Oh, I know. She’s busy counting the days until her sixth baby is born… But what can I do? She’s the one who knows stuff about ethics. I’m just, you know, a know-nothing reactionary right-winger who doesn’t like too many medical interventions in what should be normal life stuff. (Don’t get me wrong: modern medicine is great when you need it; but we don’t need it nearly as often as some people would have us believe.)
Long piece in the Globe and Mail about yet another “simple test” that could, they claim, detect genetic problems with your baby earlier in a pregnancy. It’s too early in the morning (plus Véronique is, last I heard, still pregnant…) to start a “spot-the-euphemism” drinking game, but gosh, what a piece. A few choice samples:
Current methods to collect fetal DNA, such as amniocentesis, involve an intrusion into the uterus that can trigger a miscarriage – a risk that makes many couples refuse the procedure.
(Written as though most normal people – and not, say, reactionary kooks like me – would, of course, never refuse such a procedure… I mean, really, what’s the big deal?)
Yet as with most advances in reproductive medicine, the new technology is raising tricky social questions.
While some see it as a better way to prepare parents and hospitals to care for newborns with special needs, others fear it smacks of eugenics as science makes it ever easier to reject a less-than-perfect baby.
(“tricky social questions”?)
This is a powerful technology,” said Doug Wilson, head of the genetics committee of the Society of Obstetrics and Gynaecology of Canada.
“If it can be proven to be as accurate [as current diagnostic methods] it will become the new diagnostic gold standard.
“If it can be done at 10 weeks, instead of 16 weeks, it will relieve the stresses of pregnancy early.”
(“relieve the stresses of pregnancy”?)
Dr. Wilson of the obstetrics society noted that even the best current screening methods result in a number of women being told they are carrying a baby with Down syndrome when they are not.
“You could have 10 to 15 women who screen positive, but only one of them will be a true positive,” said Dr. Wilson, also head of obstetrics and gynecology at the University of Calgary and Foothills Hospital.
(Right. And that would have nothing to do with a pregnant woman’s decision not to have a giant needle stuck into her uterus? or with – what did they call it? – the stresses of pregnancy?)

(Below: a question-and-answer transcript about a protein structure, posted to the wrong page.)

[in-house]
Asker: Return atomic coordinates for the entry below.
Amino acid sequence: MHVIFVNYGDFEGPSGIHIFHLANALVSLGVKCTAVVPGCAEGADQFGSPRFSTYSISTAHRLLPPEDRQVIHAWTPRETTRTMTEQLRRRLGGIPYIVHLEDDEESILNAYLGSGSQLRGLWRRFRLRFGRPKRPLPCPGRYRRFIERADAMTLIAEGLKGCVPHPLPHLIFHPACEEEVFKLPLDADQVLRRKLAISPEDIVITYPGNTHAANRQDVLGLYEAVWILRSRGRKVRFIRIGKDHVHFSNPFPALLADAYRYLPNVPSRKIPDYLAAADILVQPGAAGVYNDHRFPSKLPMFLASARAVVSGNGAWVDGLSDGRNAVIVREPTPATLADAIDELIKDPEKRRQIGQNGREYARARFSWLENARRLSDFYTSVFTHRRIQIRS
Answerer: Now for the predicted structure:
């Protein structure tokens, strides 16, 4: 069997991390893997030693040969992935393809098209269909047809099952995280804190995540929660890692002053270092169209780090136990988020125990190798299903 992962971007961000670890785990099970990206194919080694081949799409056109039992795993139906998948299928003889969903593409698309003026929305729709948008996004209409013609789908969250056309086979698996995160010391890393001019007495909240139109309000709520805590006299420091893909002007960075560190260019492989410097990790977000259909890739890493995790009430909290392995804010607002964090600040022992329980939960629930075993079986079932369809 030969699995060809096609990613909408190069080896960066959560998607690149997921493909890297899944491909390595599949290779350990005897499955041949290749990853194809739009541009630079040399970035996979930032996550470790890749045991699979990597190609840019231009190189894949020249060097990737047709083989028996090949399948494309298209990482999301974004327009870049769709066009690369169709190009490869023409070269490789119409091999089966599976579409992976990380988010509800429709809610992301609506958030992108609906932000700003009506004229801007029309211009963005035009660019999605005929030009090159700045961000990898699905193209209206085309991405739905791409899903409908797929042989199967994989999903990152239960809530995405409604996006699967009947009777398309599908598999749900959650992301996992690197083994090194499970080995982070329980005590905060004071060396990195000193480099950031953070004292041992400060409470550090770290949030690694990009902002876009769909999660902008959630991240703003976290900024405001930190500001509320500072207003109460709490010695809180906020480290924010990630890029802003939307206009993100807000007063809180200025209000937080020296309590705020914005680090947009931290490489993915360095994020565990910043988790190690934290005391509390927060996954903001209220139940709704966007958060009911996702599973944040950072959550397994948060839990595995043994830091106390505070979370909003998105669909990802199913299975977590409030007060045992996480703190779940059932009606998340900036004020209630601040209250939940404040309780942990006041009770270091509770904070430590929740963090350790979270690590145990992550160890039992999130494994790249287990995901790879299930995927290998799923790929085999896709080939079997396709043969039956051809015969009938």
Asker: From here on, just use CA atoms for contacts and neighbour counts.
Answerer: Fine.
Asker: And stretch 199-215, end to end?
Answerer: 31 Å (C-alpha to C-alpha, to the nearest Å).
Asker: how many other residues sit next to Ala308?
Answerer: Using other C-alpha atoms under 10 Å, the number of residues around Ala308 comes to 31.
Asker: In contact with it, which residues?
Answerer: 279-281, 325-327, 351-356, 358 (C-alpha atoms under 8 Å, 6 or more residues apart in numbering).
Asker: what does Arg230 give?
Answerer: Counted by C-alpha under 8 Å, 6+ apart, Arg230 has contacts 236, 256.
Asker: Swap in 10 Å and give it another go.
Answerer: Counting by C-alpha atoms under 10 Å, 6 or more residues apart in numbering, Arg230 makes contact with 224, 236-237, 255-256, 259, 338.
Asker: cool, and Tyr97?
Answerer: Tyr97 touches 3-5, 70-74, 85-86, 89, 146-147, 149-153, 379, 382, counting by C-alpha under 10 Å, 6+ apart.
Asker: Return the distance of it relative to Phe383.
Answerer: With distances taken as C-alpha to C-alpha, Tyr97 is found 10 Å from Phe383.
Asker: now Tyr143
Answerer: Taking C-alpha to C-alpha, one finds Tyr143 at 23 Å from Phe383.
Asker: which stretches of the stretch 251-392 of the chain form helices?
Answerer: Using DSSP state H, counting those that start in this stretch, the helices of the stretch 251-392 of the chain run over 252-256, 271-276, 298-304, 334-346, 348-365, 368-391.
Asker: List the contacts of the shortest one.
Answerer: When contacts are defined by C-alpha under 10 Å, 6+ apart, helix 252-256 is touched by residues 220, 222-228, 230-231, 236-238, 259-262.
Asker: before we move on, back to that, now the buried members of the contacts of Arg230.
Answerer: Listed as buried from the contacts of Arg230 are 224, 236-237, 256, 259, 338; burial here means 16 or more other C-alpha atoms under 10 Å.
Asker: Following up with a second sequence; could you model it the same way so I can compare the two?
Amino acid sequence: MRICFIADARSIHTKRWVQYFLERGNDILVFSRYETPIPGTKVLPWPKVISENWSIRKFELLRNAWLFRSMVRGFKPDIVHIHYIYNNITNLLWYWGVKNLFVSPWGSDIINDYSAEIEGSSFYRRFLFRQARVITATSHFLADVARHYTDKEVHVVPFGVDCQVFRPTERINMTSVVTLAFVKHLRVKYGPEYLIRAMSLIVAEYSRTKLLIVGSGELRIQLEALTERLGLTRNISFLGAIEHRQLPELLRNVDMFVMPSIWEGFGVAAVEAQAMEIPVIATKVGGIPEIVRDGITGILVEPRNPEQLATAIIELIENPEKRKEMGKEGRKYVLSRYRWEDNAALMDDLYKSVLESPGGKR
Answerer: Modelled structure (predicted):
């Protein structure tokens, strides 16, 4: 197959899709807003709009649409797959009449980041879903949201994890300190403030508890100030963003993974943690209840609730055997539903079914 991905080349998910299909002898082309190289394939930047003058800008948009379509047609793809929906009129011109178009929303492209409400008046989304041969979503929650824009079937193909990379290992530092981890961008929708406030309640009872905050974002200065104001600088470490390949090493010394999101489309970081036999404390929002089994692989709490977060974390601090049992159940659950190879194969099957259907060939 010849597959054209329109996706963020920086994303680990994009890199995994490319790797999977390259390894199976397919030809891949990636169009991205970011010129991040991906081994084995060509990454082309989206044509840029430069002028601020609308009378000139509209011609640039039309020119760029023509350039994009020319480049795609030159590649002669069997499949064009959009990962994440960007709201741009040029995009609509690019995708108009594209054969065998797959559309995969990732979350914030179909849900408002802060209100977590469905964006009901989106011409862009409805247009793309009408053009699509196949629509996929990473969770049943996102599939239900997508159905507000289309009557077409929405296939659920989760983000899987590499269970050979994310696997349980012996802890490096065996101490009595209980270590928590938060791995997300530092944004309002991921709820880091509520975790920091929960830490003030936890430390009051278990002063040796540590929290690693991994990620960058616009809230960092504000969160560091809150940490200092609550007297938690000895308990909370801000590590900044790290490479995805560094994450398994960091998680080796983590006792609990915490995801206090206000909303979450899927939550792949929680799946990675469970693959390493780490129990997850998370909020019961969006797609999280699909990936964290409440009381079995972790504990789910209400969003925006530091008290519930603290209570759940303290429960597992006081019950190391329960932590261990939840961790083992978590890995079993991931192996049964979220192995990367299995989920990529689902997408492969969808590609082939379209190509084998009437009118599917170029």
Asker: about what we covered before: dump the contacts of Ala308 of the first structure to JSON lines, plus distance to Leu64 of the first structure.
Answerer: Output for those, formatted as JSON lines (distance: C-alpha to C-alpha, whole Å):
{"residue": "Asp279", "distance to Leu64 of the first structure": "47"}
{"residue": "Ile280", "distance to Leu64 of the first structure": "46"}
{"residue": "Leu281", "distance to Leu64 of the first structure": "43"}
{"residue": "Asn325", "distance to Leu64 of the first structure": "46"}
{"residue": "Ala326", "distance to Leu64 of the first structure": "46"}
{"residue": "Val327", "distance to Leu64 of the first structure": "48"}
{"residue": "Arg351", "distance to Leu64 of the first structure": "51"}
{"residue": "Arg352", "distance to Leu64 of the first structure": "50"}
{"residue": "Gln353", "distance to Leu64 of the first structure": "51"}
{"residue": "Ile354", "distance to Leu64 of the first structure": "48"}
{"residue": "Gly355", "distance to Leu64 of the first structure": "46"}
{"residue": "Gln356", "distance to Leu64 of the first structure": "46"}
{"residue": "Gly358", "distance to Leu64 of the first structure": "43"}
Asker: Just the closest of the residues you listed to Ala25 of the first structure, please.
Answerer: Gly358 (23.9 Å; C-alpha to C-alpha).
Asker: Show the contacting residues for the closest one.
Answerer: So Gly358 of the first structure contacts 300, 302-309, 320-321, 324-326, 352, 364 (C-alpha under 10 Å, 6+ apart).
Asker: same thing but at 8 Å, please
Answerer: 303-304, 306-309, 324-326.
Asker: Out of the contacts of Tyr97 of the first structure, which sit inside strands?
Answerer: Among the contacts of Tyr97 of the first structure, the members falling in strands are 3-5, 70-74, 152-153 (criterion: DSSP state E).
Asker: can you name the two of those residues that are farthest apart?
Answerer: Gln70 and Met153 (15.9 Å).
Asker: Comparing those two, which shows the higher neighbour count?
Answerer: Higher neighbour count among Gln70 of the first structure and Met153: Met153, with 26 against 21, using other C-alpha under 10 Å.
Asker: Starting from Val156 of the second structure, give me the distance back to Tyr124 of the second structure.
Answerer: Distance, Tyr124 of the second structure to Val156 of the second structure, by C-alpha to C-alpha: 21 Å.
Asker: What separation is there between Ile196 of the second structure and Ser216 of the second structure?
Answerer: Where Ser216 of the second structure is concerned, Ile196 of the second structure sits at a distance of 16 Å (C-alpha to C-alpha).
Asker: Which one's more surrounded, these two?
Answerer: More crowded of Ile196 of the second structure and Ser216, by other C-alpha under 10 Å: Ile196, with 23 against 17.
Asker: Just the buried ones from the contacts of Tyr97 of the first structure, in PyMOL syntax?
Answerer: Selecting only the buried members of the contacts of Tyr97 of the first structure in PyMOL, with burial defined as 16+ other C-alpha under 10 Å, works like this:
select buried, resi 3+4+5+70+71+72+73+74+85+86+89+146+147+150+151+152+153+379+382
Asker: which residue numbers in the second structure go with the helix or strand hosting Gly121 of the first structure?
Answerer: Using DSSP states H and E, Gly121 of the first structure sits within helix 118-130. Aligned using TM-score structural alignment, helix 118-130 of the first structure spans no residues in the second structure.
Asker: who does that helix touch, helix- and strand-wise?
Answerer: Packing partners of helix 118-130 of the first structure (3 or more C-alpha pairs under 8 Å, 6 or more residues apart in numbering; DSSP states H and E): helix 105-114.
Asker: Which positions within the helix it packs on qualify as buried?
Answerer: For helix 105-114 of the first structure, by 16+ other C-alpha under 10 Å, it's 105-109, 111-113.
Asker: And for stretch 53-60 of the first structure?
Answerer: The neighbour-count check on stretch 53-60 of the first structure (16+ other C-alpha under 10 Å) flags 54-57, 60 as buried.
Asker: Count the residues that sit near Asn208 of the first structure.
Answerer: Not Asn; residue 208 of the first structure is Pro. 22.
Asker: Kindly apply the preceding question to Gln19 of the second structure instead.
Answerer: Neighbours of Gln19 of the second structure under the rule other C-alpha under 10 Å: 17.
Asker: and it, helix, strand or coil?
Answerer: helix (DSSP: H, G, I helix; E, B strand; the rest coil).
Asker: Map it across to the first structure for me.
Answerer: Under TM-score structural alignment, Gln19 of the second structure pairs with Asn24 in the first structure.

U.S. statistics suggest that 80 to 95 per cent of women who receive an early prenatal diagnosis of Down syndrome choose to end their pregnancies, she noted. In Canada, the number cannot be tracked due to privacy regulations.
Had enough for one morning? Me, too.
Tanya’s mind is reeling: So instead of insisting on more accurate screening methods, science is looking for screening methods which can be performed earlier. And this even though it’s likely about 8 out of 10 abortions performed in the name of “fetal abnormality” end the life of a perfectly healthy child.
Now, I’m opposed to eugenics across the board. But even if you aren’t, isn’t that disgusting?
Do they tell the woman, when she screens positive, that there’s less than a 10% chance her child has Down Syndrome? Where are the “reproductive rights” activists now?
Rebecca adds: Well, two cheers for Canadian medicare, because at US$700 a pop, I can’t see this test being offered, and thus in practice available, here anytime soon.
What’s that about a slippery slope? “But CEO Harry Stylli said the company plans to develop screening tests for a range of other disorders, such as cystic fibrosis, sickle cell anemia and Tay-Sachs disease.” Tay-Sachs causes deterioration from late infancy on, leading to death by age 4 or 5. I can imagine how abortion might seem to be a better choice than bringing a child into the world doomed to a short and painful life. But cystic fibrosis patients often live into their late 20s and 30s, and sickle cell anemia reduces the average life expectancy to the late 40s. Implicit in this testing is that at least some parents will choose abortion over bearing a child with the disease being screened for. What sane argument can be made for aborting a baby who will have a medical condition that can largely be managed, and who with today’s medicine could potentially live half a century, and see his or her grandchildren? Heart disease and hypertension also shave a decade or two off life expectancy; if we could pinpoint the genes for those and screen for them in the womb, would that be a good reason to abort? Where do we stop?by